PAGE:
When 4,000 mountain bikers gather in one place, as they did at Michigan’s Iceman Cometh Challenge back in November, it’s easy for all the assembled rigs to begin blending into so many circles and triangles.
But one thing became obvious among the Iceman masses: Bigger circles — as in 29-inch wheels — have taken hold in the Midwest. 29ers are well suited to the alternately flat and rolling terrain. And the mostly hardtailed 29er offerings on the market are more than able when it comes to handling Midwestern trails.
Checking out the Iceman’s Northern Michigan course profile prior to the race, it became clear a call was in order to one of the event’s sponsors — Fisher Bicycles. The mission: Race the Iceman on a Fisher Superfly 100.
Fisher’s Travis Ott and Ken Derrico set me up on the carbon, full-suspension thoroughbred 29er. It wasn’t long before I, or rather the bike, began to attract stares as I rolled around the Iceman pre-race expo and up to the start on the pristine rig.
Keeping it Short
While I’m not studly enough to fight for the hole shot, with nearly 130 riders in my start wave it was nonetheless important to work my way up to where the herd thinned out a bit. With the Fox 100mm RLC 29 fork locked out and the Fox RP23 pro-pedal on, acceleration on the pavement and first sections of dirt road was immediate and telling — the big hoss wanted to race.
And therein lies the beauty of the Superfly 100: Even though it’s a “big” 29er, it sure as hell doesn’t feel — or ride — that way.
Between weaving through early race traffic, quick bursts for passing or railing twisty tree-lined singletrack, the Superfly 100 never had me longing for the nimbleness of a 26er. In other words, even with the ducking and bobbing the Superfly 100 has quick feet.
That’s in large part due to the “G2” geometry the Fisher crew worked out for the bike; the main goal being to shorten the wheelbase. At the bottom that means shortened chainstays and a bottom bracket (seat tube) that’s been scooted forward. On the front, the fork offset allows for lively-yet-predictable steering in low-speed situations. The bottom line is 26-inch-like handling and fit with the advantages of the big hoops.
Keeping it Stiff
On a course rife with rollers like Iceman, those big wheels were an advantage. During one section of the race I was with three riders on 26ers. We hit a short downhill and then another rise. Looking around to position myself for the next turn, I noticed that I was alone. My new-found gap was achieved with minimal effort.
Even when a hard effort is required, the Superfly 100 responds forthwith. That’s in large part due to the bike’s surprising stiffness — so surprising, in fact, that I pretty much forgot I was rolling full suspension. That’s an impressive feat for a 26-inch XC dually let alone a 29er soft tail.
That’s where the end product of the Trek (carbon know-how) and Fisher (29er know-how) mind meld shines. The Net-Molded E2 tapered headtube, fat downtube and beefy BB95 Net-Molded bottom bracket render the Superfly 100 way stiff.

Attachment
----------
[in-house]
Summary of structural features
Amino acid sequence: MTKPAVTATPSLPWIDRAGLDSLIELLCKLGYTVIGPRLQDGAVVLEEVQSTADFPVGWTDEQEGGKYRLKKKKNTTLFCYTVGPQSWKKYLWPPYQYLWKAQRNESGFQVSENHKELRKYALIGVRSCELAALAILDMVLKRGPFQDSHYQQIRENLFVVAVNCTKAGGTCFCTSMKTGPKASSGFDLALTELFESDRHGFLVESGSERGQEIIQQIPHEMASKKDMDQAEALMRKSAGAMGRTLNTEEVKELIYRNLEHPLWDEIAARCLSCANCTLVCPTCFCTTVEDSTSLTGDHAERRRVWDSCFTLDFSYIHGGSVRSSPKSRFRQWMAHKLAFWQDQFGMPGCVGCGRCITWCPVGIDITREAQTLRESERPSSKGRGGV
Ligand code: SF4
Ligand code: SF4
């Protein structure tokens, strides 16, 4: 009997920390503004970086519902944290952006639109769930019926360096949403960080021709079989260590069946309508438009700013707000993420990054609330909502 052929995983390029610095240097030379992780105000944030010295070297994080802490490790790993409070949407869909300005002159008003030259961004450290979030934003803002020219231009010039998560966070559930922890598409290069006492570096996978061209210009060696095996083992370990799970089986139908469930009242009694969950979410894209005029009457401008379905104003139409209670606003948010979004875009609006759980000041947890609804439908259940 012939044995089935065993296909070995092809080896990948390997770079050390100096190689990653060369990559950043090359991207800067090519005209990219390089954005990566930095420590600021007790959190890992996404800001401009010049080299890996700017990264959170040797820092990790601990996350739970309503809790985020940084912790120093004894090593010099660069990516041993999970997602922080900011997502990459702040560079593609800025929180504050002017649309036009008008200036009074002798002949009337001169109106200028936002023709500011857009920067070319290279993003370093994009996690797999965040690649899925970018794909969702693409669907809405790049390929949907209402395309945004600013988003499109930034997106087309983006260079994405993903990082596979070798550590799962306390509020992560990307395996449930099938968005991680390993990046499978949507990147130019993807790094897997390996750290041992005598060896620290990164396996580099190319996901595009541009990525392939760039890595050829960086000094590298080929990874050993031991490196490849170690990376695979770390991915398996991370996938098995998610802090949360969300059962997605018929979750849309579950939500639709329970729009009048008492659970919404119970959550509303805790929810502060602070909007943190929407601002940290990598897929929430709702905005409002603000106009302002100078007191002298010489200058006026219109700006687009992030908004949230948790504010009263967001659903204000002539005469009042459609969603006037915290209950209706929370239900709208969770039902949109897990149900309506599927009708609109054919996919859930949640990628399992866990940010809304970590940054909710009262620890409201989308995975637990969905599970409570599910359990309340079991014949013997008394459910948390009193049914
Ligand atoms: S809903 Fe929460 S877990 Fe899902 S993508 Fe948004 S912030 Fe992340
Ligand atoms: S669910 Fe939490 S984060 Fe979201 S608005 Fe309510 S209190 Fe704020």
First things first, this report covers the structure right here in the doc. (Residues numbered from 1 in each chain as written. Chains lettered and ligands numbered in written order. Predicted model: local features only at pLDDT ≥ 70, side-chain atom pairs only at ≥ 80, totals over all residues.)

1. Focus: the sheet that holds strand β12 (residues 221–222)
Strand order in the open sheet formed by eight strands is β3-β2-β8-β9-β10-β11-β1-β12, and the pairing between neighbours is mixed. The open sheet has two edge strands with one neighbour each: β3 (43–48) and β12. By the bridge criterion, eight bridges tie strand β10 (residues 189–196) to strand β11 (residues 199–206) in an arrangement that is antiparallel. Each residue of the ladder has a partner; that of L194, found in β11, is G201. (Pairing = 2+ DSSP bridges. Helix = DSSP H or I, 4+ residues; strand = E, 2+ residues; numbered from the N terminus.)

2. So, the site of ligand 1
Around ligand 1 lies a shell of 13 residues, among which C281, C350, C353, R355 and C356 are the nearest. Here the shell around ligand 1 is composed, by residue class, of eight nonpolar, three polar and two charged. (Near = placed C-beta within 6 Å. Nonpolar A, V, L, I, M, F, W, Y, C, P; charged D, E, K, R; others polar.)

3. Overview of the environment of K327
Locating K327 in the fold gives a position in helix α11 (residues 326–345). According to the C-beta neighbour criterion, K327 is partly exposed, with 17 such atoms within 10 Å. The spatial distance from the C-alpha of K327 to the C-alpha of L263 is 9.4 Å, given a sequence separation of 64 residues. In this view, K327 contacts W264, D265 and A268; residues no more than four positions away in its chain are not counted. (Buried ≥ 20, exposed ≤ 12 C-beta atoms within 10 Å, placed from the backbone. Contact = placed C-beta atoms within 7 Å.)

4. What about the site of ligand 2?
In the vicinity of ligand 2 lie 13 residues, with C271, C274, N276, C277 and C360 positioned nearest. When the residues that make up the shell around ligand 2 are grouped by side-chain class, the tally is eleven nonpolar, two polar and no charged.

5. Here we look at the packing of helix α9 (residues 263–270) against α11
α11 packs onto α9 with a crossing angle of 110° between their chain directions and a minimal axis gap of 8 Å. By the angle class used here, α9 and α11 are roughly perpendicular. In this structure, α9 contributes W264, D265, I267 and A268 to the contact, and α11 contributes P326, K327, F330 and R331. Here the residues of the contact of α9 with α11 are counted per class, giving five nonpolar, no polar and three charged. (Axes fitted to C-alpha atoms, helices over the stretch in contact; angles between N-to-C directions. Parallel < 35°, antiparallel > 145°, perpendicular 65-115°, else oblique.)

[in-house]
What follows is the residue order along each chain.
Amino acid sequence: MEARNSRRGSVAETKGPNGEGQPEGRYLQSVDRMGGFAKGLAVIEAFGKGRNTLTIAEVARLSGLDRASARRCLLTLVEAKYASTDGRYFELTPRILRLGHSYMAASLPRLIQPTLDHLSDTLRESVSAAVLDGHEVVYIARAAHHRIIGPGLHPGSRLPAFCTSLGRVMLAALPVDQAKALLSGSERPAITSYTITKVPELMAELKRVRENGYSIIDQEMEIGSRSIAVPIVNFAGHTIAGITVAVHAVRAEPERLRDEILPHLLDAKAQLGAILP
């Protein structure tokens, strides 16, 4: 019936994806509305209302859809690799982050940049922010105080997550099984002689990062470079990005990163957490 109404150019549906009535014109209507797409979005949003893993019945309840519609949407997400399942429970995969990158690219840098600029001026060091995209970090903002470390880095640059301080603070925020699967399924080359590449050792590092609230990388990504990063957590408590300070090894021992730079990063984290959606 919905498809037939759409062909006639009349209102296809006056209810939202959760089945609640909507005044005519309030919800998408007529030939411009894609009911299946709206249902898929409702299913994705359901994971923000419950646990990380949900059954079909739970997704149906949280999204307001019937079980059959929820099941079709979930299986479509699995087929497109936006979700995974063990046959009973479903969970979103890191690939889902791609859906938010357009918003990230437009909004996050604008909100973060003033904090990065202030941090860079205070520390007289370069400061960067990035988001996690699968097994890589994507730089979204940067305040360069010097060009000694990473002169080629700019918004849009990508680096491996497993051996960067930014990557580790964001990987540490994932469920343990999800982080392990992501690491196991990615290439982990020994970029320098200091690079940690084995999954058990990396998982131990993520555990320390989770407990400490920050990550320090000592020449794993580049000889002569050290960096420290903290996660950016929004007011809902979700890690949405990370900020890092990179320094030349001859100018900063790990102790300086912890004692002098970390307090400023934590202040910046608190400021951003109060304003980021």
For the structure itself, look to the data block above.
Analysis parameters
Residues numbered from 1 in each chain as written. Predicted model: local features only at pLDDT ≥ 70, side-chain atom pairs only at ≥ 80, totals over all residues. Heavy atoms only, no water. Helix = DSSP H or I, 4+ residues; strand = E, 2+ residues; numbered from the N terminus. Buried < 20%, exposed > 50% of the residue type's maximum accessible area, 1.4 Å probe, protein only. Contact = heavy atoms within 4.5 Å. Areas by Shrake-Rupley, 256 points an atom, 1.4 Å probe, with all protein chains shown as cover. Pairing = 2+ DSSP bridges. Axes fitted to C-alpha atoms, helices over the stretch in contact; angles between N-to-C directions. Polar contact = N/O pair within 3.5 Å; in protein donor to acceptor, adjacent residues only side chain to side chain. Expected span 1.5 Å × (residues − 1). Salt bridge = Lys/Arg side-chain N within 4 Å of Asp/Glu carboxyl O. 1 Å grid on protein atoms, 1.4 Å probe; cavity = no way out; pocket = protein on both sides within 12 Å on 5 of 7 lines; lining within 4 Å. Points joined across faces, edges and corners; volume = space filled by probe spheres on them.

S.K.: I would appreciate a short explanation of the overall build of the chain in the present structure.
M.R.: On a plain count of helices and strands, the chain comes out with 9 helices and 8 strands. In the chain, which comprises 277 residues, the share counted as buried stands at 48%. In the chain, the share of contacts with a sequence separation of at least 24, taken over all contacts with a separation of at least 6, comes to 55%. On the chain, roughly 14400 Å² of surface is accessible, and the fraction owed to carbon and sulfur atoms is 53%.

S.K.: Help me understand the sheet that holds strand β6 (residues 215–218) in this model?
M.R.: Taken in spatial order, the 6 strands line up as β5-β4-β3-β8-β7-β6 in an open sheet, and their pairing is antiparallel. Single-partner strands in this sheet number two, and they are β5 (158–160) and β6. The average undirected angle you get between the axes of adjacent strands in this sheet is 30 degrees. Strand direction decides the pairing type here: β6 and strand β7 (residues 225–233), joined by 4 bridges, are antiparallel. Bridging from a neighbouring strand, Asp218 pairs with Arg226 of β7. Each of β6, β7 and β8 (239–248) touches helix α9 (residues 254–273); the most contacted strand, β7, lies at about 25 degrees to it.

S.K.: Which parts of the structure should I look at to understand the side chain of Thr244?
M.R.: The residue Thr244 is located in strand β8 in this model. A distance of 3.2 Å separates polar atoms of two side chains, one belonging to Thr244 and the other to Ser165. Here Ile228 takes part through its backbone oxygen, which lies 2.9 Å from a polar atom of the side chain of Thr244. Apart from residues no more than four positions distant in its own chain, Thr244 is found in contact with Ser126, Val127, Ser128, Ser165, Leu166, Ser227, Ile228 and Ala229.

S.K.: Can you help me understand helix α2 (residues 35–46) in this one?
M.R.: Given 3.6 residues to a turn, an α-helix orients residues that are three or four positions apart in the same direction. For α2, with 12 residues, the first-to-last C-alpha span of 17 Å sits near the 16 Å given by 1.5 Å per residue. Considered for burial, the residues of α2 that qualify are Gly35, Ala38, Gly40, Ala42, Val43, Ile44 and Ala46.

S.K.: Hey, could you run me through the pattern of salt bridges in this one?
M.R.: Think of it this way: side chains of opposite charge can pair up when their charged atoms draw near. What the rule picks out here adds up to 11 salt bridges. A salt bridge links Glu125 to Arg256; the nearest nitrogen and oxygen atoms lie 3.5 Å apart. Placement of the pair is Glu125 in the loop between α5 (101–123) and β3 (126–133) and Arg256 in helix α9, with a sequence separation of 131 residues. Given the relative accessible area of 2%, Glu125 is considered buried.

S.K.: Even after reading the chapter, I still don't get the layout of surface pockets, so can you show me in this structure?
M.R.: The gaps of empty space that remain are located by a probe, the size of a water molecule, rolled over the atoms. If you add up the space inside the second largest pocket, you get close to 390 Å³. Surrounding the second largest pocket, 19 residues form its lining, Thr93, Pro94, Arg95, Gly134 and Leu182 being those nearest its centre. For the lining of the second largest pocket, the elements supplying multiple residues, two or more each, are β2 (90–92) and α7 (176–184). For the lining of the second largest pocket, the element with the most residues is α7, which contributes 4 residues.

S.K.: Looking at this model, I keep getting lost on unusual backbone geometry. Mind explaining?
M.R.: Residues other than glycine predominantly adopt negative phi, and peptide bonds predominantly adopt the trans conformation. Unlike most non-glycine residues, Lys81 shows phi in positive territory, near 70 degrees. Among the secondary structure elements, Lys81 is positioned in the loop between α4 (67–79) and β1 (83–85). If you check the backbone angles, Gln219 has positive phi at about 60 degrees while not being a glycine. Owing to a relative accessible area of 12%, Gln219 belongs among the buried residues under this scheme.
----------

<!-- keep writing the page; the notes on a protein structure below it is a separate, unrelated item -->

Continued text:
Thus another counter-intuitive thought pops in to one’s head: With all the girth, how does it stay light?
At 2,100-grams, a medium Superfly 100 (frame, shock and hardware) is Fisher’s lightest full-suspension bike — ever. Unlike the hardtail Superfly, which is manufactured in Asia, the Superfly 100 is laid up at the Trek mothership in Waterloo, Wisconsin of 100 percent OCLV carbon.
And when they say full-on carbon, well, that’s what you get. Other than a bit of metal in the direct-mount front derailleur threads, no alloys are molded into the frame. Fisher’s Travis Ott puts it this way: There’s a good chance you could walk the Superfly 100 frame through an airport checkpoint and not set off the metal detector.
Rounding out the frame is a one-piece seatstay that helps alleviate wheel flex, a carbon swing link and active breaking pivot dropouts that keep your suspension working when on the brakes. Those features work together to offer 110mm of rear travel.
At Iceman, I was outfitted with the stock build of Bontrager Race X Lite wheels; Bontrager XR1 2.0 tires; Shimano XT direct-mount front derailleur; SRAM X.O Redwin rear derailleur; SRAM X.O Redwin shifters; Truvativ Noir Redwin carbon cranks, Avid Elixir CR disc brakes, Race Lite Big Sweep handlebar, Race XXX Lite carbon seatpost and Race X Lite stem.
That put my Superfly 100 in the 24lb range. For the weight watchers out there, an even more discerning build can make the Superfly 100 even more svelte. Weight savings will likely come by adding a 2×9 drivetrain and wheel and tire choices, but those can leave you vulnerable to flats and dinged-up rims depending on the terrain you’re tackling.
This was my second go-around on the Superfly 100, as I spent a bit of time on one at Interbike 2009. After riding the bike in race conditions, I’d say the Superfly 100 is all it’s cracked up to be: A pro-worthy XC racer chock full of killer technology. Would I go out and spend $5,600 on one? Hell yeah, if I was a dedicated racer flush with cash or credit.
The reality is that most of my riding is on trails where I’d be in the $5,500 bike risk-averse mode. And the only time I’m flush with anything is, well, after I’m done ogling magazine dream bikes in the bathroom.
Let’s hope trickle-down technology — and economics — apply to full-suspenson, carbon bikes like Fisher’s Superfly 100 sooner than later.